Vitamin C Stops Cancer

More specifically, vitamin C may stop leukemia stem cells from multiplying, which could prevent certain forms of blood cancer from advancing, the journal Cell reveals,1 along with pancreatic, colon, liver and ovarian cancers, according to several other notable medical journals and scientific reports.

An enzyme known as Tet methylcytosine dioxygenase 2 (TET2) has the ability to make stem cells "morph" into mature, normal blood cells that will eventually expire like normal cells. Stem cells, the study explains, are "undifferentiated cells that have not yet gained a specific identity and function."2

This ability helps patients with some blood cancers, including acute and chronic leukemia, because their stem cells haven't been directed to mature, per se. The cancer cells can regenerate and "self-renew" over and over, subsequently blocking the body's ability to produce normal white blood cells, which everyone needs in their immune systems to fight infection; some scientists call them "faulty" cells.3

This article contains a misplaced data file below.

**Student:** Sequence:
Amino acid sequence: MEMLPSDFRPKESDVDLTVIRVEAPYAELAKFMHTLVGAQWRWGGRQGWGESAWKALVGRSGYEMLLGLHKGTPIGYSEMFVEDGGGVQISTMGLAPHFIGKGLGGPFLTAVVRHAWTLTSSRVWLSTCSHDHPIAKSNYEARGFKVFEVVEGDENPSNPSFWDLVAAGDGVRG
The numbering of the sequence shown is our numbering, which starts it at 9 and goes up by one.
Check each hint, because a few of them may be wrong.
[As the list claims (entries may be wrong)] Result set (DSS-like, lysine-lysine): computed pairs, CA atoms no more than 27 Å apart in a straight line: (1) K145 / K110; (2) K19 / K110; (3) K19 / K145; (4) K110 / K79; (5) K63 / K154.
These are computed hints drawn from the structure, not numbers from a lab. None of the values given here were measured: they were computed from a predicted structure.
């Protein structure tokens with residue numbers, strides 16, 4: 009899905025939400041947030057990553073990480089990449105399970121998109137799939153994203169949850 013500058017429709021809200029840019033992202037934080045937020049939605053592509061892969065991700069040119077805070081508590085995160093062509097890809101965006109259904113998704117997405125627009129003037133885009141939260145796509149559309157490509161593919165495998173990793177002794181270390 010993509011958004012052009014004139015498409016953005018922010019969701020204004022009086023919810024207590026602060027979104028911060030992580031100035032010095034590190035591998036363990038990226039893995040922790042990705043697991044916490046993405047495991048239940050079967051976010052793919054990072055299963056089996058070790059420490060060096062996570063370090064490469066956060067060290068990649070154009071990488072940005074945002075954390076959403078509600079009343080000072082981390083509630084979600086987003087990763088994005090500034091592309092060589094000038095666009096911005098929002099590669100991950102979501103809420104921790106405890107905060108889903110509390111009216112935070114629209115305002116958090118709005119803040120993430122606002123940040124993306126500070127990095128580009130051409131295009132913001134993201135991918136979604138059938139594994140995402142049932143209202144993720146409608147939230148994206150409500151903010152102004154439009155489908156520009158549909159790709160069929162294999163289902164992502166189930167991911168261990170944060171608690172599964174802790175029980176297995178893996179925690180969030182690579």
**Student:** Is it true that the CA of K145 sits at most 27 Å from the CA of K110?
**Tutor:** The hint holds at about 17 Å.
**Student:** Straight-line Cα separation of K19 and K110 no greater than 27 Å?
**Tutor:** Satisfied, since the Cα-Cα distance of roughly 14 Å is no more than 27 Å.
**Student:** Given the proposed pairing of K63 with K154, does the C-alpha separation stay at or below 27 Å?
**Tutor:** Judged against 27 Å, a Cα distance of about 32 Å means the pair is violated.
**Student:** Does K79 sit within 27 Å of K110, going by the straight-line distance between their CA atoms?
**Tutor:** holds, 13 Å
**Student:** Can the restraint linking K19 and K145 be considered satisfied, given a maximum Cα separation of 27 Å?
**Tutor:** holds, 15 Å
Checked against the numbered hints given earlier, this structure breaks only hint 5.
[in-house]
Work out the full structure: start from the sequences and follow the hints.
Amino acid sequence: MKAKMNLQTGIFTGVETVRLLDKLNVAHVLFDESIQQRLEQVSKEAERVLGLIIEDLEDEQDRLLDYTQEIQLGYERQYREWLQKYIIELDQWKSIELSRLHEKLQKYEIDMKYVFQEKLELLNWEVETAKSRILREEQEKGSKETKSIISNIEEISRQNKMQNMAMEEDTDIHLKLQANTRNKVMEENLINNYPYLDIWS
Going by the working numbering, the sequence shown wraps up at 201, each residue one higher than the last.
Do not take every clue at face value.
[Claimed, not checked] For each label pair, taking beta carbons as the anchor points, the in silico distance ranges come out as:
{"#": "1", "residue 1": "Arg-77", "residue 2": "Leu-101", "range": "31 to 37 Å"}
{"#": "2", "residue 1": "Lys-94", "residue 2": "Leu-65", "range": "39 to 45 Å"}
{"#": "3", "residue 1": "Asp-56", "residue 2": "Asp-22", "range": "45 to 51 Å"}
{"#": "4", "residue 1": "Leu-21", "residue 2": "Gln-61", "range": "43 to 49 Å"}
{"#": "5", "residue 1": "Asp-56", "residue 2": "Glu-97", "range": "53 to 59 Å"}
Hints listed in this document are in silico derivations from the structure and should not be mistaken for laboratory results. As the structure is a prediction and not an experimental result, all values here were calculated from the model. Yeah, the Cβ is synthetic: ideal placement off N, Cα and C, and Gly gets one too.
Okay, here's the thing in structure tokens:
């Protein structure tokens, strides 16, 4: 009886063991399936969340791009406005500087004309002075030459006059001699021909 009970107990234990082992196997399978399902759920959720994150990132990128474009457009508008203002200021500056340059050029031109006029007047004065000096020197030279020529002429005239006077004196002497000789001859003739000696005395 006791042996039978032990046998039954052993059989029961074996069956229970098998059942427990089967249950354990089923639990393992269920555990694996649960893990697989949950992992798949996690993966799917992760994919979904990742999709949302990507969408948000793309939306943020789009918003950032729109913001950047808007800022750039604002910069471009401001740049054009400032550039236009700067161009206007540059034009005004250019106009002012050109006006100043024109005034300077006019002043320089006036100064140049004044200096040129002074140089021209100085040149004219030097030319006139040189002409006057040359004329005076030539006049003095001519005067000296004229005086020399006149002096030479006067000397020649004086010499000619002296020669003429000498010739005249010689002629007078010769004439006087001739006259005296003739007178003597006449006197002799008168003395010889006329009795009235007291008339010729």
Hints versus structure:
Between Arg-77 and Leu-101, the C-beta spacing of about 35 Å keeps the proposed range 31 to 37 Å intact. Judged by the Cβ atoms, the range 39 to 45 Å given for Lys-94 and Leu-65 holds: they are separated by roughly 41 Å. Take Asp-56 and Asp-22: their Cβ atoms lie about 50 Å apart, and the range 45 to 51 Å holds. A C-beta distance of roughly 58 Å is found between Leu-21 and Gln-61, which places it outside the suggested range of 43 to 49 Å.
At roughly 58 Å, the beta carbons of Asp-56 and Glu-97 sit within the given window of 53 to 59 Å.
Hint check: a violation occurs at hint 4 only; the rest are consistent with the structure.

Scientists found that a 50 percent decrease in TET2 activity can be enough to induce cancer, but it must remain low for the disease to keep advancing. New Scientist says mutations in TET2 are involved in around 42,500 cancers in the U.S. a year.4 About 13,000 people in the U.S. are diagnosed with myeloid dysplastic syndrome (MDS, sometimes referred to as preleukemia) and about 20,000 are diagnosed with acute myeloid leukemia (AML) every year.5

Lead author Luisa Cimmino, Ph.D. assistant professor in the department of pathology at New York University's Langone's Perlmutter Cancer Center, explained that some leukemia patients have a genetic mutation that decreases the TET2 enzyme in their bodies, to varying percentages:

  • AML — 10 percent
  • MDS — 30 percent
  • Chronic myelomonocytic leukemia (CML) — 50 percent

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